All the groups struggled with a common dilemma — how to keep the creek open to public use without ruining it.

Working in accord with the Wild and Scenic Rivers Act, the Forest Service consultants have already concluded that the river has several “outstandingly unique” qualities that must remain the top priority in any protection plan.

The roughly 17 miles of creek between the springs and the Verde River remain one of the most unique travertine-rich streams in the world, matched only by Havasupi Creek in the Grand Canyon. The creek also represents one of the few surviving healthy, undammed cottonwood willow riparian areas in the state, which biologists say is the most productive biological system north of the rainforests. As a result, the creek now shelters half a dozen endangered species, including native fish driven to the brink of extinction elsewhere.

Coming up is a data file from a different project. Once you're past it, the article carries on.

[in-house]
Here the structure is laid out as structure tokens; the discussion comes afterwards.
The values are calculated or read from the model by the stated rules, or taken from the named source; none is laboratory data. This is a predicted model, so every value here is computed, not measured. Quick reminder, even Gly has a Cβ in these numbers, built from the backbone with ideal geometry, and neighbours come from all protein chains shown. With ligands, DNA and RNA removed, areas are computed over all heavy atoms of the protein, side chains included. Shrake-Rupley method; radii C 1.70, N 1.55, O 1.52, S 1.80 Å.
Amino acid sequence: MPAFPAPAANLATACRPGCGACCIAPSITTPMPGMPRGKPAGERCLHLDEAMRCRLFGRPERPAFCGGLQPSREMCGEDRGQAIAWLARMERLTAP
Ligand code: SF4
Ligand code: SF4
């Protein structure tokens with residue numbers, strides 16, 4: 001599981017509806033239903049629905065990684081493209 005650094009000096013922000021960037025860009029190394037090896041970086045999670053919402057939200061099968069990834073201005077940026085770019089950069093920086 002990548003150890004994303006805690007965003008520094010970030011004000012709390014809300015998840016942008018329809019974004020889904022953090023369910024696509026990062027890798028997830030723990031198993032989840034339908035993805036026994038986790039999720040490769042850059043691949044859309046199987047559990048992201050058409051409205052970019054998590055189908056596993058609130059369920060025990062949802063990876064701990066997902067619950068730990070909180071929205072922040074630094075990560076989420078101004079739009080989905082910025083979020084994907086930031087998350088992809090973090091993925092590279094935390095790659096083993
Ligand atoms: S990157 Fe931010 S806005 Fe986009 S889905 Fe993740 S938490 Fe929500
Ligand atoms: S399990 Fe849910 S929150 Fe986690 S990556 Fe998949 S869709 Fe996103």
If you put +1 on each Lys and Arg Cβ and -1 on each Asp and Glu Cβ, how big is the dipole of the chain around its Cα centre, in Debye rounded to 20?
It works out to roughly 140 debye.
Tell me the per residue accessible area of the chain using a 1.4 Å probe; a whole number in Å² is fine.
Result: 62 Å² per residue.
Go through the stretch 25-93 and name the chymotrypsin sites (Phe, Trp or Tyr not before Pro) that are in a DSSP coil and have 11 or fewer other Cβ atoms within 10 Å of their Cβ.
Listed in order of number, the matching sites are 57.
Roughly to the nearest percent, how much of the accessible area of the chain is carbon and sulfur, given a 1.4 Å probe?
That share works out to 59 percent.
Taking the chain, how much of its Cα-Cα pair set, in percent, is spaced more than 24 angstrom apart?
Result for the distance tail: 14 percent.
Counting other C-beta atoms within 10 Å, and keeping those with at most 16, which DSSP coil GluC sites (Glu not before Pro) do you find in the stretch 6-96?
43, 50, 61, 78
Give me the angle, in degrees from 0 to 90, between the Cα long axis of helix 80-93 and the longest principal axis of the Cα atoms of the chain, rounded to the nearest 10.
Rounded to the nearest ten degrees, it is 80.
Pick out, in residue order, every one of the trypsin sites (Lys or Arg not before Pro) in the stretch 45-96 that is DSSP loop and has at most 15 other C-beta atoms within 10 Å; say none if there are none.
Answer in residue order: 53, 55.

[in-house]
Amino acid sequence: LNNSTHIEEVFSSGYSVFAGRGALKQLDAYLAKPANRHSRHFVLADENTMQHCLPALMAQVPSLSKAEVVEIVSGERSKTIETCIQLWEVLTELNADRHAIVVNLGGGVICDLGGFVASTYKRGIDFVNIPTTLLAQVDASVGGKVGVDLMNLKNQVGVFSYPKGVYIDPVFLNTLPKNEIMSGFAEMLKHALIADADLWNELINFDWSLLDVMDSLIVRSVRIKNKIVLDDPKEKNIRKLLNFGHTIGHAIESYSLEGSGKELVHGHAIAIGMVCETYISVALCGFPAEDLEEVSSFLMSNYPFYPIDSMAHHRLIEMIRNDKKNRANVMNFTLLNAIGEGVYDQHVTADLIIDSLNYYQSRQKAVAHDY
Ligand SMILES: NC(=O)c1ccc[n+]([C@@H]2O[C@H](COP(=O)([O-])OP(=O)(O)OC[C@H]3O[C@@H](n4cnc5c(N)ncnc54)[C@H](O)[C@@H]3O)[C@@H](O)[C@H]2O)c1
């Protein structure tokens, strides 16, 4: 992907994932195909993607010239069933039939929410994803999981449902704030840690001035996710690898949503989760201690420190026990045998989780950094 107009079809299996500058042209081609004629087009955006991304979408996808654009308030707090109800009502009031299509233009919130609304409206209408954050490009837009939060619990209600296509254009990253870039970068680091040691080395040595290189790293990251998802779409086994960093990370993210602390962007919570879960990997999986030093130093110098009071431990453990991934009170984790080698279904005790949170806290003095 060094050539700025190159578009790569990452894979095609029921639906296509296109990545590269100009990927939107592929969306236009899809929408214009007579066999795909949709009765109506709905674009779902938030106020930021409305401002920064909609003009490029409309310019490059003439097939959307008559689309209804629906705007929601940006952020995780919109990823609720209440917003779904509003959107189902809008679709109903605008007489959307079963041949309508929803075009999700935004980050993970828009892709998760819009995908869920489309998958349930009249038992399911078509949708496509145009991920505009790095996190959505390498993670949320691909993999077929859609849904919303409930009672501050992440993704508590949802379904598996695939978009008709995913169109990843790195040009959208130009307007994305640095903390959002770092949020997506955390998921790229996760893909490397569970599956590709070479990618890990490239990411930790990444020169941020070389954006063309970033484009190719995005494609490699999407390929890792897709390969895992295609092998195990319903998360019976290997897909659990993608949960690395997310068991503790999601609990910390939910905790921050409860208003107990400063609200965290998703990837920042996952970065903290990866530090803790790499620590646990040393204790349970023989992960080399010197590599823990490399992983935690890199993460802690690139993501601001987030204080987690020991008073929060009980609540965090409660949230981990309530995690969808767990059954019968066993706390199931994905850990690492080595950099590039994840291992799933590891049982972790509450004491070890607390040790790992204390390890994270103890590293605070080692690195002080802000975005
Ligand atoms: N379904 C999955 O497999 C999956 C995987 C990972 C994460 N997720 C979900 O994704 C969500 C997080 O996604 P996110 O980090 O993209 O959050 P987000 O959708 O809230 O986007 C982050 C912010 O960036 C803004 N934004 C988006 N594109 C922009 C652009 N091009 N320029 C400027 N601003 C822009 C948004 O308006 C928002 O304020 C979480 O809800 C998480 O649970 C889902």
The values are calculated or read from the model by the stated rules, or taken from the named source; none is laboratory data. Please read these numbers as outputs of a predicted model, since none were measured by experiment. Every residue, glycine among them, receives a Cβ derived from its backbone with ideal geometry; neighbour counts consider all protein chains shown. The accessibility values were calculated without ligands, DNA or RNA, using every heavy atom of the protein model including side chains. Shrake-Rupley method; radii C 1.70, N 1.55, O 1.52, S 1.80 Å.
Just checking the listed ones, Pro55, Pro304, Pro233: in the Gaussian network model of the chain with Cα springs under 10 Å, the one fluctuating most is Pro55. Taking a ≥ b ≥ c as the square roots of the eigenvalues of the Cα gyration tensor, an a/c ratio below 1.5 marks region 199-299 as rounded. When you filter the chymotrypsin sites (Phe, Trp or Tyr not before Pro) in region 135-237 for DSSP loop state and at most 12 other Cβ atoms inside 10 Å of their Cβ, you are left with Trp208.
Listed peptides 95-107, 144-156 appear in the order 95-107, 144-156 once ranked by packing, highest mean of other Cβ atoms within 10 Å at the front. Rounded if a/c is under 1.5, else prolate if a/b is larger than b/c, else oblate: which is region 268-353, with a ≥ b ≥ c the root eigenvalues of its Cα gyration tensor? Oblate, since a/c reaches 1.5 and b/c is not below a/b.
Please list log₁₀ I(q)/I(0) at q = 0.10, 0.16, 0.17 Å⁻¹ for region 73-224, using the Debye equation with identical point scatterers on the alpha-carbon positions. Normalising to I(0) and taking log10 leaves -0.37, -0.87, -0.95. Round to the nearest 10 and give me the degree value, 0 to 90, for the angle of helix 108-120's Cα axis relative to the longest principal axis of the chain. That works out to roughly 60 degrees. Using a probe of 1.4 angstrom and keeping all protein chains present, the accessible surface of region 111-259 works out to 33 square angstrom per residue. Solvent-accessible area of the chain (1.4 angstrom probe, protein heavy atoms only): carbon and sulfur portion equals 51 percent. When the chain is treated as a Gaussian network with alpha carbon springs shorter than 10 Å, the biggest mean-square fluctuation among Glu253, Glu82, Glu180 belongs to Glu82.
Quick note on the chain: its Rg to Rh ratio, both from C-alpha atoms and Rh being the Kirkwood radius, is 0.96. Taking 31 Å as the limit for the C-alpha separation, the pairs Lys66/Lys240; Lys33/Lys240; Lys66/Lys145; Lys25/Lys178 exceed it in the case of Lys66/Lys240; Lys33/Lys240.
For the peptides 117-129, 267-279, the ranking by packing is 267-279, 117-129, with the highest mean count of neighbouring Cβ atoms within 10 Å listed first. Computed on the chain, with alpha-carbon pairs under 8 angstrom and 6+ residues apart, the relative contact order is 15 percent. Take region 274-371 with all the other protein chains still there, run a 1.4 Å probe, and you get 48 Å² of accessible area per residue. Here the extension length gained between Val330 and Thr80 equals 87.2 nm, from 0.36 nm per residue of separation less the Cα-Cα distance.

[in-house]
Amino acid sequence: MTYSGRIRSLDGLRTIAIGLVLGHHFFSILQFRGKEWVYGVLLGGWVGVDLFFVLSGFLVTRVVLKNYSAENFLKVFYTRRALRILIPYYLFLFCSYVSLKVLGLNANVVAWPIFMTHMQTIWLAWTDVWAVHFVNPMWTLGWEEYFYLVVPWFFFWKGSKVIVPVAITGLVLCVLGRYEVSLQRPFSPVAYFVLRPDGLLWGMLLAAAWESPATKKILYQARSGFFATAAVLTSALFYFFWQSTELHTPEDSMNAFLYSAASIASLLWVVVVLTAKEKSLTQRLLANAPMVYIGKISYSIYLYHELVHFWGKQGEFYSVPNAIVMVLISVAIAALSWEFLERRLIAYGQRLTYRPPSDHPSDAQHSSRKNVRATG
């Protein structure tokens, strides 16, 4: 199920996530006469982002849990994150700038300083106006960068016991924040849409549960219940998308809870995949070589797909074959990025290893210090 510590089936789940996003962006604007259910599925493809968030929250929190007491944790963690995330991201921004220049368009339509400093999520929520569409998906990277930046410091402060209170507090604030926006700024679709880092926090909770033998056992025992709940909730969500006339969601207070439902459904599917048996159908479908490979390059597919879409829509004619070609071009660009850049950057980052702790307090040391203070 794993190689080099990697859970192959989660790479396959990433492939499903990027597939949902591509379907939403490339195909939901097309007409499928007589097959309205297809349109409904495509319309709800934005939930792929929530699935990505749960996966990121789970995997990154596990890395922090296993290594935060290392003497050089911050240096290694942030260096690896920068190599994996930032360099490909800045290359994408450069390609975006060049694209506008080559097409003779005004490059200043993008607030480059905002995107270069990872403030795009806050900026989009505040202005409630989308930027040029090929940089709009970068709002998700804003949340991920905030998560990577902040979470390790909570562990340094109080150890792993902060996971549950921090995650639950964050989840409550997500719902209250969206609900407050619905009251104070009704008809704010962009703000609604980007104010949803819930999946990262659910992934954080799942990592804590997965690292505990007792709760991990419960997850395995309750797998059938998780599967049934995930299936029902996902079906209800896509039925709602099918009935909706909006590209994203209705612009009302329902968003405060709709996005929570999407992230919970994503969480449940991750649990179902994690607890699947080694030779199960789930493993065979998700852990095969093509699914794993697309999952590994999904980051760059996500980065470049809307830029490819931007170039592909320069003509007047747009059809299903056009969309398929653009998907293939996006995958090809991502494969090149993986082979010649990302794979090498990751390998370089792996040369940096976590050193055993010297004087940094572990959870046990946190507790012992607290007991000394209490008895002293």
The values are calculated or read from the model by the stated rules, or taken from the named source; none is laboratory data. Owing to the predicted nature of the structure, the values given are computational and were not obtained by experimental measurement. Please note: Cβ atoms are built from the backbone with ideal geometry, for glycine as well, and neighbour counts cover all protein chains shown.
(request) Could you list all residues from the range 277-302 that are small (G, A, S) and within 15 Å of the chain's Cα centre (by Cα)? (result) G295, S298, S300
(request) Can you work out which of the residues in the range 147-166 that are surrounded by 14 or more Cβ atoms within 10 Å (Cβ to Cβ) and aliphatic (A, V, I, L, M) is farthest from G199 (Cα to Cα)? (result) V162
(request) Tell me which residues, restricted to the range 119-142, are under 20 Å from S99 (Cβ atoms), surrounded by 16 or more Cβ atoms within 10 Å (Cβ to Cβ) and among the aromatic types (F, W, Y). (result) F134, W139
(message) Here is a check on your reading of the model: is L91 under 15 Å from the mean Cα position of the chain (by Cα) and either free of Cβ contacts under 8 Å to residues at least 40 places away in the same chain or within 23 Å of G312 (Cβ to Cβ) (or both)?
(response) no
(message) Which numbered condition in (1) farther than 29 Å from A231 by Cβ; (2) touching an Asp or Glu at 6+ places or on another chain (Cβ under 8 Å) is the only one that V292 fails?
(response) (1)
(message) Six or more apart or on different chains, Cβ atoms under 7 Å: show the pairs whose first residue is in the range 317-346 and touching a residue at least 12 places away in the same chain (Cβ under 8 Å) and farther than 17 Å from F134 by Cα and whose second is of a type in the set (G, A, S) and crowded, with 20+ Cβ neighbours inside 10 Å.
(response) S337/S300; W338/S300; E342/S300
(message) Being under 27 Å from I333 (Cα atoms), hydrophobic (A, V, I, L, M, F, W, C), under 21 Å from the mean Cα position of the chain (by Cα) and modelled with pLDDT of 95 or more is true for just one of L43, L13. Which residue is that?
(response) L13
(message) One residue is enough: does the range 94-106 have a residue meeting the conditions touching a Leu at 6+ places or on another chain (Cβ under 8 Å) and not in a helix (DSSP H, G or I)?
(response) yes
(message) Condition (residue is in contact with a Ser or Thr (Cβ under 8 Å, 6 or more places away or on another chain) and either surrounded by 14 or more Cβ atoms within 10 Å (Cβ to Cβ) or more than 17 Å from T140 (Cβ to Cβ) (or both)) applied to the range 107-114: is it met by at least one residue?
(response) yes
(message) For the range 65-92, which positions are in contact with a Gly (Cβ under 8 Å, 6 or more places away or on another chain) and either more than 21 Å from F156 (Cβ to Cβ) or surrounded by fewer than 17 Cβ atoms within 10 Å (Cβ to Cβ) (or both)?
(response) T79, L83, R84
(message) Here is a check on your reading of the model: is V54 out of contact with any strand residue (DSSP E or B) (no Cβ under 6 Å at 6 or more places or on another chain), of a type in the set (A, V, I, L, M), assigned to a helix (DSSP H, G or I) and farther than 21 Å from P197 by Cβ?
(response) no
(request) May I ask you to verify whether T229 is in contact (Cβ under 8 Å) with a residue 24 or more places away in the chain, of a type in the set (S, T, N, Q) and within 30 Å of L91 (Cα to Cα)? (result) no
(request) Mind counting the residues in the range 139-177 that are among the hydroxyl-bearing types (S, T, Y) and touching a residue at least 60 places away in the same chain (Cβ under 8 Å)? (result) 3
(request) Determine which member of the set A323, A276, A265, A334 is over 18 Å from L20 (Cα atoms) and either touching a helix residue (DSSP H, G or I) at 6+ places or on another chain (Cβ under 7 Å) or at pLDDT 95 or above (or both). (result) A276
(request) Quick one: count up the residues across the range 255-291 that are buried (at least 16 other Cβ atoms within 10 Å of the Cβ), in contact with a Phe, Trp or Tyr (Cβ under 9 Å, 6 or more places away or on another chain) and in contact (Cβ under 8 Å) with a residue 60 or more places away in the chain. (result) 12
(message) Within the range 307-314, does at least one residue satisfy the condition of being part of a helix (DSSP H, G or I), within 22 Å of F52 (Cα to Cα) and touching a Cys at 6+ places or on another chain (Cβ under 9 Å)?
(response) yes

Need to control destructive behavior

Most participants stressed the importance of finding some way to control the destructive behavior of the big weekend crowds.

Some said that would demand closing down Fossil Creek Road, which connects to Highway 260 in Strawberry with switchbacks down into the canyon, crosses the creek near the dismantled power plant and eventually ends up in the Verde Valley.

However, many participants worried about the effect of such a closure on tourism and business in communities like Pine and Strawberry.

So many of the participants instead favored some other approach to controlling the destructive excesses of visitors.

Some suggested a $5 day use fee and perhaps a permit system to limit the total number of people allowed into the canyon in any one day. The Forest Service could use the money from the fee to hire enough rangers to enforce the ban on fires and camping and littering.